happy new year

Holy crap. Three years ago, I spent New Years at the square near where one of the bombs went off. And saw the (now deposed) prime minister who some are apparently holding responsible for all this.

As a somewhat bizarre aside, the police actually started firing on part of the crowd when we were there that New Years. Some people were throwing glass bottles, so the police just whipped out their guns and started firing away. As we were dodging fire, we figured the police were probably just firing rubber bullets, but our students later said they're not so into the whole rubber bullet thing in Thailand.


part the next, in which our hero explains his prolonged absence

Finals. That's my explanation. For those contemplating law school, I give you this advice: should you choose to subject yourself to it, make sure that you outline your class materials as you go through the semester. Otherwise, you will stay up until three in the morning the night before your test (which is timed such that you need to wake up only three hours later), trying to make sense of your notes. Your wife, whose insane hours begin only after she drives 45 minutes to actually get to work, will wake up to start the day before you are even in bed. This will happen twice. One of those times, you will spend the last several hours looking over your notes and mumbling to yourself, standard of review? Why in the world did I write down the standard of review for these situations? That's way more detailed than he's ever going to care about. I'm certainly not going to waste my time memorizing that. You will then spend significant amounts of time the next morning looking over the test questions and mumbling to yourself, standard of review? Why in the world didn't I study for that? That's just the kind of details he cares about. *Sigh*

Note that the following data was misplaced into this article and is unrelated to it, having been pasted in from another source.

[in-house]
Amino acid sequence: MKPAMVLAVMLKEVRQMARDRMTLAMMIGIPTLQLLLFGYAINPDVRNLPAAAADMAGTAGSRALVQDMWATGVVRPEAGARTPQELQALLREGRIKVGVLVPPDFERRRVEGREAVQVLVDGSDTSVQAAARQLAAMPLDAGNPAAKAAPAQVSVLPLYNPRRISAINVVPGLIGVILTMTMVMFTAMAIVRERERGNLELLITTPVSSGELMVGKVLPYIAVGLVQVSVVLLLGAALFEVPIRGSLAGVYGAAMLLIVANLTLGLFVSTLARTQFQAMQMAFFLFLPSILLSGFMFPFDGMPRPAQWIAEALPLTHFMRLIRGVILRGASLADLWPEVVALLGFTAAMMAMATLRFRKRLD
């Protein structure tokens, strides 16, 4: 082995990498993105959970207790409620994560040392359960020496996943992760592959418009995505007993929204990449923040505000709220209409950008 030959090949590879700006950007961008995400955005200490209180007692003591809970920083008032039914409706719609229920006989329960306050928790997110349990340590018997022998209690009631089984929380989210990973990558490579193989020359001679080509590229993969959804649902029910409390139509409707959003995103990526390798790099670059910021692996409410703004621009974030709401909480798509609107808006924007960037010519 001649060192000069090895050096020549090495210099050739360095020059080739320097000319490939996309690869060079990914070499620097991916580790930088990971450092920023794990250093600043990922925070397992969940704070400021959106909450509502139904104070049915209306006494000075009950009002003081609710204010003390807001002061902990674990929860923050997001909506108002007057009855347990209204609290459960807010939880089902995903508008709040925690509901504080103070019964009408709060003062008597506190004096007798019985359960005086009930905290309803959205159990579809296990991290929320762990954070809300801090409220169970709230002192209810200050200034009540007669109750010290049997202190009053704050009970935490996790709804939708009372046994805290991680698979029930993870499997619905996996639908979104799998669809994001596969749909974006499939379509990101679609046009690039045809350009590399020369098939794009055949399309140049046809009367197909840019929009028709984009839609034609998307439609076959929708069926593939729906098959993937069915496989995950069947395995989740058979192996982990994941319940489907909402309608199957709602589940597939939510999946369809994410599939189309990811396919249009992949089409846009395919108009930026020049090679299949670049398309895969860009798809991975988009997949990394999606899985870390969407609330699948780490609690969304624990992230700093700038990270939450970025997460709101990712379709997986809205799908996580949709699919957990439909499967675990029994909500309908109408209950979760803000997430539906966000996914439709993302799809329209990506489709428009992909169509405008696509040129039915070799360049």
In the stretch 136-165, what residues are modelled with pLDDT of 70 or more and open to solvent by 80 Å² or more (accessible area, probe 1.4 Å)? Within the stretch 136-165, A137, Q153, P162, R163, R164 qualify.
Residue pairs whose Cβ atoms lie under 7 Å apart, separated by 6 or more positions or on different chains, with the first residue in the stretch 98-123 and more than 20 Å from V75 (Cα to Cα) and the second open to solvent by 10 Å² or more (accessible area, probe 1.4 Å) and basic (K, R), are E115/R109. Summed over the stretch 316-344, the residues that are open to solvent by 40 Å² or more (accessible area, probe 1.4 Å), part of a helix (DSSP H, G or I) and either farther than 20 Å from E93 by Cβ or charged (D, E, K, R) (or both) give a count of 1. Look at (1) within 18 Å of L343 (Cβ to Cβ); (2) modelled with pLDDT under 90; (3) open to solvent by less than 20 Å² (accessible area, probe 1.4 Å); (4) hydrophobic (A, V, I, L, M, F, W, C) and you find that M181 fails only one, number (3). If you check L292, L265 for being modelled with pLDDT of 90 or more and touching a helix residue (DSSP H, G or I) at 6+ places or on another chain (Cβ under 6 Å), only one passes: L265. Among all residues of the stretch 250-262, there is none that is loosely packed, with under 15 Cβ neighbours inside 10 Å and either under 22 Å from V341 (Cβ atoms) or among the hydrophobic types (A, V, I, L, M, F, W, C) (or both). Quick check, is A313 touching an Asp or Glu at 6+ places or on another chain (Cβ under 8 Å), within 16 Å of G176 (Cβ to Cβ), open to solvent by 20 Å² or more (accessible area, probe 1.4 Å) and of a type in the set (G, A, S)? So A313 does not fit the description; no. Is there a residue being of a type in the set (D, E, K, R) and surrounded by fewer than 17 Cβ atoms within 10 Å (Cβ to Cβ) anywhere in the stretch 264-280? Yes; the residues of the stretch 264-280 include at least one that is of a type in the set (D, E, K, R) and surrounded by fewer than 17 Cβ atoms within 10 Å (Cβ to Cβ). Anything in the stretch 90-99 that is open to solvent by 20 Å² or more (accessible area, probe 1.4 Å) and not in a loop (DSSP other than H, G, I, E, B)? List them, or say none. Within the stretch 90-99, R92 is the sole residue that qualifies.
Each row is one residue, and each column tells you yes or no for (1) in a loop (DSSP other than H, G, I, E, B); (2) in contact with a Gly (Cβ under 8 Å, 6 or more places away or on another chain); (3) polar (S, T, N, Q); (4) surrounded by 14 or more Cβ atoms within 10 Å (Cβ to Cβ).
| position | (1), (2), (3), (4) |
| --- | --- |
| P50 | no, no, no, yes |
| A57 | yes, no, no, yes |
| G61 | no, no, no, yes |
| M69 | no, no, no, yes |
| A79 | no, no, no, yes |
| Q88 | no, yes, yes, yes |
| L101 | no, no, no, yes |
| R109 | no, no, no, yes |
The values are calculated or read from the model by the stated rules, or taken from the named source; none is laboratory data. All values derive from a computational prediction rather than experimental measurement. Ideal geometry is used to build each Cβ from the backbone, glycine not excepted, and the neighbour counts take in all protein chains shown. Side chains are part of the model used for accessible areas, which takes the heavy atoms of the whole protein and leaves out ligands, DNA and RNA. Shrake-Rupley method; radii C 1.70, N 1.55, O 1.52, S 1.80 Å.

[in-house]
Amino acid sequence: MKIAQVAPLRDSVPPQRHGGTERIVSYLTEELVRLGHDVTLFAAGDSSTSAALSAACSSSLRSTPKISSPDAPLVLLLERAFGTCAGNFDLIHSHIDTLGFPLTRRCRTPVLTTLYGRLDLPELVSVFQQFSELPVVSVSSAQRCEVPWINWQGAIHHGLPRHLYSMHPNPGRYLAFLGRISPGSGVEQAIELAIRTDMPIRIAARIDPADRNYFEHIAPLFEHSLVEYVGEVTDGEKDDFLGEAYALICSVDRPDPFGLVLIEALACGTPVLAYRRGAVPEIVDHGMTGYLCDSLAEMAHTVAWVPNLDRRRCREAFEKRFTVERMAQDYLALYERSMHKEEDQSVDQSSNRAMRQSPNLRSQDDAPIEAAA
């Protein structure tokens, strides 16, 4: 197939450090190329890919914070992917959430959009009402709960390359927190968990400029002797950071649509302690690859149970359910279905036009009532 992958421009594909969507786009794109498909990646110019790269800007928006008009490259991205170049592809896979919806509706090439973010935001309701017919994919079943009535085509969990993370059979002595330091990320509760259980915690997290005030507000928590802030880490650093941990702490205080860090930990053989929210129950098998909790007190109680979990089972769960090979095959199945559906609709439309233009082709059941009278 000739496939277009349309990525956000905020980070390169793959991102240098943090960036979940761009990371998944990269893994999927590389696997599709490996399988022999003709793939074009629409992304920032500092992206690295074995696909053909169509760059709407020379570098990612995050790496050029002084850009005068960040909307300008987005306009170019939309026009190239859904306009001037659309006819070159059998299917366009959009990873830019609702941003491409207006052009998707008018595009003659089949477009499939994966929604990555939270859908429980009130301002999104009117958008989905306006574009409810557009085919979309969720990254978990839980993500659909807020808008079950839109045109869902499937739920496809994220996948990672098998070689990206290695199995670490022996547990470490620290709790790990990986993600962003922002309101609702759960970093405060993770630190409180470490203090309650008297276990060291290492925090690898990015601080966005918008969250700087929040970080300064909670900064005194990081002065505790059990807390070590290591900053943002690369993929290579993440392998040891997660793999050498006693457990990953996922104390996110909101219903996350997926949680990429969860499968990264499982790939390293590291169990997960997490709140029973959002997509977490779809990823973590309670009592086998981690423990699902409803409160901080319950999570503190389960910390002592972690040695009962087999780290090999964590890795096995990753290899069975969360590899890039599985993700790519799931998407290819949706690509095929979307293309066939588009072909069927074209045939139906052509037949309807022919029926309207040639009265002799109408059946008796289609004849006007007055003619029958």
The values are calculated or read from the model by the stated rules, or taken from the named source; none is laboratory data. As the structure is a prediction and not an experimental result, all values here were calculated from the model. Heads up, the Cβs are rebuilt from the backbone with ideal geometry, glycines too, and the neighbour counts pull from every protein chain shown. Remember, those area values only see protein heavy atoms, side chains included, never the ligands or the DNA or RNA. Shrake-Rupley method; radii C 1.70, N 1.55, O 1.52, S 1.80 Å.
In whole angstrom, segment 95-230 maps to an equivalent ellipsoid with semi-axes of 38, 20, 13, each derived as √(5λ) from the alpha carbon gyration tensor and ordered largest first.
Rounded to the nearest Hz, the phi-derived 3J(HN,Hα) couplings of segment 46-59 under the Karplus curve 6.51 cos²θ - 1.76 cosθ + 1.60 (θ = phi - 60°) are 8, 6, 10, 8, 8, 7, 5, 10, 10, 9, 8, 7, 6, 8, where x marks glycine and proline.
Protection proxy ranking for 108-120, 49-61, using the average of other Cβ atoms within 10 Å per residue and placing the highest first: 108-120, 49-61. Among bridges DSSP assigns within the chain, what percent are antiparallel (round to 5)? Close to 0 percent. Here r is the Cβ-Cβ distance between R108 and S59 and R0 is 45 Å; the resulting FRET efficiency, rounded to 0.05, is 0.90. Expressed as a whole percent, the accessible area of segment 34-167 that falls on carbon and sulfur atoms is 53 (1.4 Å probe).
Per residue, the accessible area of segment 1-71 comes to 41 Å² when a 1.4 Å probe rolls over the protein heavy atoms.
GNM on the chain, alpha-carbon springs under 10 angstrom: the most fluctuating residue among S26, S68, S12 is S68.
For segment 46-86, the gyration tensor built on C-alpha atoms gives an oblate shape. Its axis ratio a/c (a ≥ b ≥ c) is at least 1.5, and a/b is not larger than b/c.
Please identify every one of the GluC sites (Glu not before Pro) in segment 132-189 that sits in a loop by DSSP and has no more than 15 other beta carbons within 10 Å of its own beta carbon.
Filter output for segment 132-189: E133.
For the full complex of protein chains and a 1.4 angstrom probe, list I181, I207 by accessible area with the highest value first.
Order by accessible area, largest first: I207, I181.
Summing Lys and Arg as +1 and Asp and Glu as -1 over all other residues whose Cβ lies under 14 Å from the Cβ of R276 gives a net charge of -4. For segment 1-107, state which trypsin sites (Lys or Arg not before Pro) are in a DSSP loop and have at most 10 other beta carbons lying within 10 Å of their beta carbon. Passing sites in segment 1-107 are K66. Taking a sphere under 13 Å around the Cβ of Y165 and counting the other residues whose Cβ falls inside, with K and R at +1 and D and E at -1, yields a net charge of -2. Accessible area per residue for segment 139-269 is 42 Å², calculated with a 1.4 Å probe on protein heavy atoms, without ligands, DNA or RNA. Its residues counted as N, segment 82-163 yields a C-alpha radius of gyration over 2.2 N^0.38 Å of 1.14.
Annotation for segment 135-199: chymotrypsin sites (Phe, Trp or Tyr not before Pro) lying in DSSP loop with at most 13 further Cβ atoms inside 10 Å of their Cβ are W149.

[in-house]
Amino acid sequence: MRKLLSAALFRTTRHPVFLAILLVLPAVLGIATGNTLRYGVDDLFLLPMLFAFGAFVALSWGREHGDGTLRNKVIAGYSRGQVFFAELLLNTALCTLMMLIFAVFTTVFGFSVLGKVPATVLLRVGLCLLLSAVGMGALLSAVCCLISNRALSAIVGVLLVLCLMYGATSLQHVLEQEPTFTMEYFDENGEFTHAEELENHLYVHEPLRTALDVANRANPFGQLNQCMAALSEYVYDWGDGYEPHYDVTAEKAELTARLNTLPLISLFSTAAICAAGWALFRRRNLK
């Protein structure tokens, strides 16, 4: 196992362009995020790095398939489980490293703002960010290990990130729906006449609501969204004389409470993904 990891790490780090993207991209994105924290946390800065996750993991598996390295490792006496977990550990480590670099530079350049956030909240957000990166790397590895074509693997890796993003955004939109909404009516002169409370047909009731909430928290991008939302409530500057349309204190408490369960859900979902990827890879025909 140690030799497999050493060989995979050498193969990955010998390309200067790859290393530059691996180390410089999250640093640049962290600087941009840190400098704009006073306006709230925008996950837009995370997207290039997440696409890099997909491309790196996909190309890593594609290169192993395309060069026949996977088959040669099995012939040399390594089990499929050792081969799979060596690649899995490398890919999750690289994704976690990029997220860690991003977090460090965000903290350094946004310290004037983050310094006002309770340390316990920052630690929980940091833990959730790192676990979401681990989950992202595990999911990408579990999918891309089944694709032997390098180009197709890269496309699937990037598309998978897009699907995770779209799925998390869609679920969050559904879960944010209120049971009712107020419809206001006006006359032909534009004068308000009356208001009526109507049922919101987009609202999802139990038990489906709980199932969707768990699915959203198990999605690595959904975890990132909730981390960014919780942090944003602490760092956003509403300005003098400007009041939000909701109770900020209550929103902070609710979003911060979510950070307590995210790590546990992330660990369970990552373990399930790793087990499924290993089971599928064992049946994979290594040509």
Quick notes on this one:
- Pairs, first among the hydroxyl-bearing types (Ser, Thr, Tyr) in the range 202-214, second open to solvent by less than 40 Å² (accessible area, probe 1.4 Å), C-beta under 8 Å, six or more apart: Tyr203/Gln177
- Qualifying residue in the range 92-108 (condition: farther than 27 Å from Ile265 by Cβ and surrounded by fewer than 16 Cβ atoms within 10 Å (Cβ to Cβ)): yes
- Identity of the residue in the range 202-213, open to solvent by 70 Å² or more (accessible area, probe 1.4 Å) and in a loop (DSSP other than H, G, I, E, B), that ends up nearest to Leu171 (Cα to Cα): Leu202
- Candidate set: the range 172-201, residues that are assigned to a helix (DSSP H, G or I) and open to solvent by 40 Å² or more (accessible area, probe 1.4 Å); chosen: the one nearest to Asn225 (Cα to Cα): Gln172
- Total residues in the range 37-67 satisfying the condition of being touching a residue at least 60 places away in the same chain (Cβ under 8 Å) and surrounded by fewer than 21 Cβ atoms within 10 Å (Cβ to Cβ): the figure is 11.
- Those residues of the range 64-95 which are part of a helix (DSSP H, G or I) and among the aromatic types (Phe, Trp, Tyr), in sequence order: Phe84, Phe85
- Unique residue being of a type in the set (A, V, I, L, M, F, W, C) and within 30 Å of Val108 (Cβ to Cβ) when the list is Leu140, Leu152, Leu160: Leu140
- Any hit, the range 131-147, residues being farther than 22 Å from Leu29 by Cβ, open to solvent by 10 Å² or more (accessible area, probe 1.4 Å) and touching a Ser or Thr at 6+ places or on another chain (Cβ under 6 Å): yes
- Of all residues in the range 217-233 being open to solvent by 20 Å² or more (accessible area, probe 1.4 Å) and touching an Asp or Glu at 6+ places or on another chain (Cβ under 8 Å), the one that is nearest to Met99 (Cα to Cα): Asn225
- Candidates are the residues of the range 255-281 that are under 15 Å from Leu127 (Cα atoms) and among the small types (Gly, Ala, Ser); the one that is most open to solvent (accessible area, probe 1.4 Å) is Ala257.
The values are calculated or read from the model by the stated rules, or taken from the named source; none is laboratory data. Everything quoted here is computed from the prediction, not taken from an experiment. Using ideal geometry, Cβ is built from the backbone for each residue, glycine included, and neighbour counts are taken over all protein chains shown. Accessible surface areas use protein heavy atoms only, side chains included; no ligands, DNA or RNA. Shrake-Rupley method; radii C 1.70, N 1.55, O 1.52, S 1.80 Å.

In better news, I have accepted a summer internship. I will be killing babies. Or, rather, legally justifying the killing of babies who once enjoyed idyllic lives playing jump rope and riding unicorns.
That's right, I'm doing a summer internship with the air force JAG. Sarcasm aside, I'm actually really excited about the opportunity. So take that, potential employer who wouldn't even give me a second interview (you know who you are). There are only 50 of these internships in the country, so I feel vindicated, and my self-esteem manages to remain relatively in tact for yet another semester.
I was talking with a classmate who got an internship at what I take to be a fairly prestigious firm (I personally had never heard of it before, but then again I try to stay as far away from private law firms as possible), and she said that she had just received a Christmas package from them -- a nice scarf and ear muffs. Something tells me the air force isn't really into that type of thing, but I keep checking my mail box anyway.